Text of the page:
In our research, and our way of researching elderly, my own images and feeling on being old come up more and more. This last week we have not written anything on our website, digesting the enormous amount of information we gathered in the last 3 months.
One of the stories I like to share with you opens up a window to the feelings and images I as a person have on elderly, how these came about, and maybe even why I choose to work with elderly. It’s about a woman called Doddy Broekhof (died 2005), although I called her ‘oma Nietje’. She was not my real grandmother, a sort of adoption system working from my mother who entered her family of 5 sons as a friend in my mothers young days, and stayed around. I was thereby one of the grandchildren, and the only one who spend all of her free Wednesday afternoons in her house.
Her house, her living room, her garden.
The buffet with the endless amount of candy.
Books of saving stamps, waiting to be stuck unto the empty pages.
Cupboards full of tiny animal statues, paintings of Indonesia, and a windowsill with orchids in all colours.
The sound of Roekoekoe, the dove with that particular sounds, reminding her of Indonesia.
The smell indescribable, of her, which she took with her to her caring home much later.
Doddy came from Indonesia, or the Dutch Indies, when the colonial regime was still there, and came to Holland when dependence was declared, after a period of imprisonment at a war camp of Japanese. She married with her sweetheart from Indonesia when they arrived in Holland. But within 10 years, after having 5 sons, she lost him in a motoraccident.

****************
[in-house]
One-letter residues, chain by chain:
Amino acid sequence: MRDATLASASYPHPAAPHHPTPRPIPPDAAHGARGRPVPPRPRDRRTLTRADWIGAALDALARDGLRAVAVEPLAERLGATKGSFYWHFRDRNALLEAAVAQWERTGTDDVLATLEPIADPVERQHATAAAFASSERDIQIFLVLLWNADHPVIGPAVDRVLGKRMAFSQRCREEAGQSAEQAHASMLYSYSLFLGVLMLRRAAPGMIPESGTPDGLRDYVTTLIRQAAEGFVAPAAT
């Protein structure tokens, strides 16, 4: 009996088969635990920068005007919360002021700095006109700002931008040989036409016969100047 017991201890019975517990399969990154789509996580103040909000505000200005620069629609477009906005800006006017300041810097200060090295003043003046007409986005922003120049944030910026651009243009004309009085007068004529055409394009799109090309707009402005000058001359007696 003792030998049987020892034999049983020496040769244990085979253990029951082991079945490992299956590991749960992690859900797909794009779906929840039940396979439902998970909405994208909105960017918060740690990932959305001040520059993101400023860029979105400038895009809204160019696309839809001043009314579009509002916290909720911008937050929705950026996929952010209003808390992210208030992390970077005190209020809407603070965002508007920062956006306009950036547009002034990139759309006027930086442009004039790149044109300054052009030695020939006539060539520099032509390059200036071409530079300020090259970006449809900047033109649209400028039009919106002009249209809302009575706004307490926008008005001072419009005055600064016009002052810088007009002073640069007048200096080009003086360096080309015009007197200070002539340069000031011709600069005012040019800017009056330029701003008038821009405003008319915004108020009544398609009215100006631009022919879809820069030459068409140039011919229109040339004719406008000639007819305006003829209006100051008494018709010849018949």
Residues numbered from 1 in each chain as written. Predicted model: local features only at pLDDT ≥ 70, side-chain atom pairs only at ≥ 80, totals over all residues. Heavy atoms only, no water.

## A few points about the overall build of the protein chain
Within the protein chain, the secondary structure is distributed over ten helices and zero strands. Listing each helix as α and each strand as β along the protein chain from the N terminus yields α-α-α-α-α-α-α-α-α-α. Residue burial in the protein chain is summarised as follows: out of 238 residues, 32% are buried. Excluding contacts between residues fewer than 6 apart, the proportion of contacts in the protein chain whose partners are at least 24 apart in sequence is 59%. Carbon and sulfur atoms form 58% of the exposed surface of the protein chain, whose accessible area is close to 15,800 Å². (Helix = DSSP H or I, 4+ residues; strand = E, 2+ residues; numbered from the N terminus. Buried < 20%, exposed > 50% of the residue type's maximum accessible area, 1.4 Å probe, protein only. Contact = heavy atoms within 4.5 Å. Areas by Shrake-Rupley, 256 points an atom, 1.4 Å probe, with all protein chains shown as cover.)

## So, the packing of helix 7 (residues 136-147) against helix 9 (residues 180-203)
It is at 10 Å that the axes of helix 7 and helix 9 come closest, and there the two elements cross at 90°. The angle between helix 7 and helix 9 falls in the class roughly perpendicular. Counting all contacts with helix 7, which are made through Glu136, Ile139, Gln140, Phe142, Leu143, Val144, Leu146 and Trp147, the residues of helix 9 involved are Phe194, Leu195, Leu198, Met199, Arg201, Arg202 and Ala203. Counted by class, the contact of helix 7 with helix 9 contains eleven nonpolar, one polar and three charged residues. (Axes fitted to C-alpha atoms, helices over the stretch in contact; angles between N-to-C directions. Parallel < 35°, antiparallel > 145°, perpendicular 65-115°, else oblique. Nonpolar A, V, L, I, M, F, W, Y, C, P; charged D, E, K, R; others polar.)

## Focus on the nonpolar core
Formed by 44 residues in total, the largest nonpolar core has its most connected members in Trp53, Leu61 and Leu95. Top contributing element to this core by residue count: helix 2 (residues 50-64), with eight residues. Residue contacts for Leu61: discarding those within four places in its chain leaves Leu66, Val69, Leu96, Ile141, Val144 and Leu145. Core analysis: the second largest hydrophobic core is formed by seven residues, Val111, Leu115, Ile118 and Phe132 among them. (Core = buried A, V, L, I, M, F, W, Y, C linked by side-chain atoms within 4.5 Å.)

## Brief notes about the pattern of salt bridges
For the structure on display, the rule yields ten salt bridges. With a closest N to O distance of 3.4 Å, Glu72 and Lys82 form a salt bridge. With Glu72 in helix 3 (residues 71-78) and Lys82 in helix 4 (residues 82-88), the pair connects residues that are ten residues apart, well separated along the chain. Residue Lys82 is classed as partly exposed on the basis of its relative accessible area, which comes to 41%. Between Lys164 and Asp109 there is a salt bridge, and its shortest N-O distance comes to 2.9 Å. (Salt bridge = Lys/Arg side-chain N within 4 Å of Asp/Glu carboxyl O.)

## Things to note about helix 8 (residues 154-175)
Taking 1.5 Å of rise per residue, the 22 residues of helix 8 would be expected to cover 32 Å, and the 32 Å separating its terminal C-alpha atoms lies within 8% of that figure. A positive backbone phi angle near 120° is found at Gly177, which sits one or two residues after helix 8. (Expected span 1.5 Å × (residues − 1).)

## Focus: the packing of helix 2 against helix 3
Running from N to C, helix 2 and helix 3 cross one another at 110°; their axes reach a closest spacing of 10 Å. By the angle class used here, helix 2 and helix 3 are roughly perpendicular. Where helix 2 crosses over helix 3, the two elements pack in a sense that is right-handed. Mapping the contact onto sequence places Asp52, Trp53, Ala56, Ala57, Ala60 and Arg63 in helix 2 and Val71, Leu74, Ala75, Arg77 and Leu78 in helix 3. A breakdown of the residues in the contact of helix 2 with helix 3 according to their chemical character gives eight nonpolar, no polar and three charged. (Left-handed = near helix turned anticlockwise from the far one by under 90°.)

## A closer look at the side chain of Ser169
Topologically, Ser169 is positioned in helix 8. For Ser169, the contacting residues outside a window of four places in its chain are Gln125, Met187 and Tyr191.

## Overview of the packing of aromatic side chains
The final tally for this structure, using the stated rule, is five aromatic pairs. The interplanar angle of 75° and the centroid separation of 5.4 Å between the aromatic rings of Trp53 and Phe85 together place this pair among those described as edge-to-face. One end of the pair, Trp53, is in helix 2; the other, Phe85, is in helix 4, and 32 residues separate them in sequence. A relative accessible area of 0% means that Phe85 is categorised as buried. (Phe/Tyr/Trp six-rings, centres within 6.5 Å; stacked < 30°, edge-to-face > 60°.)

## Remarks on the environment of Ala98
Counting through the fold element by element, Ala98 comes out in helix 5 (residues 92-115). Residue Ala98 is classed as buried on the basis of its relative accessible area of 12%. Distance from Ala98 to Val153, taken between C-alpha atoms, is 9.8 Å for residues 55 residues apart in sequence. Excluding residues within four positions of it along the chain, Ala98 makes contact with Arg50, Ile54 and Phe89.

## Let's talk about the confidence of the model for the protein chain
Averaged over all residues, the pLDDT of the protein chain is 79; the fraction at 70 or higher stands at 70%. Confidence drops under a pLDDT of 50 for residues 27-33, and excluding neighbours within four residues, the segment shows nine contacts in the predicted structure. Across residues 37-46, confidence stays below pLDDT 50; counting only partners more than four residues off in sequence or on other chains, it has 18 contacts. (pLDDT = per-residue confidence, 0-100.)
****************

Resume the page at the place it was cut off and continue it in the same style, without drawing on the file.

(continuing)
The stories she told me on those wednesday afternoons were mostly about her happy childhood and adolescence. How she talked about her and her brother, playing in the garden around their house on the ‘kampong’, doing naughty things like climbing in trees and getting wet clothes. And later on, when they grew up, how they formed a group of happy, well off adolescents. The prime story was that of a trip they organised all together, just youngsters, with the spotlight n herself, her brother and her husband to be. They arranged for transport, and all went out to a mountain, enjoying a happy day out.
At that time I was (9 – 13) mesmerized by the world she told me about. How could my ‘grandma Nietje’ be the same as the little girl and later beautiful young woman she talked about? Somehow all these images mixed together in the warm feeling of love I had for her. I could never look at her and think of an old woman, no longer useful, only a burden to be looked after. It was lovely to be with her, and I was grateful for every moment spent together.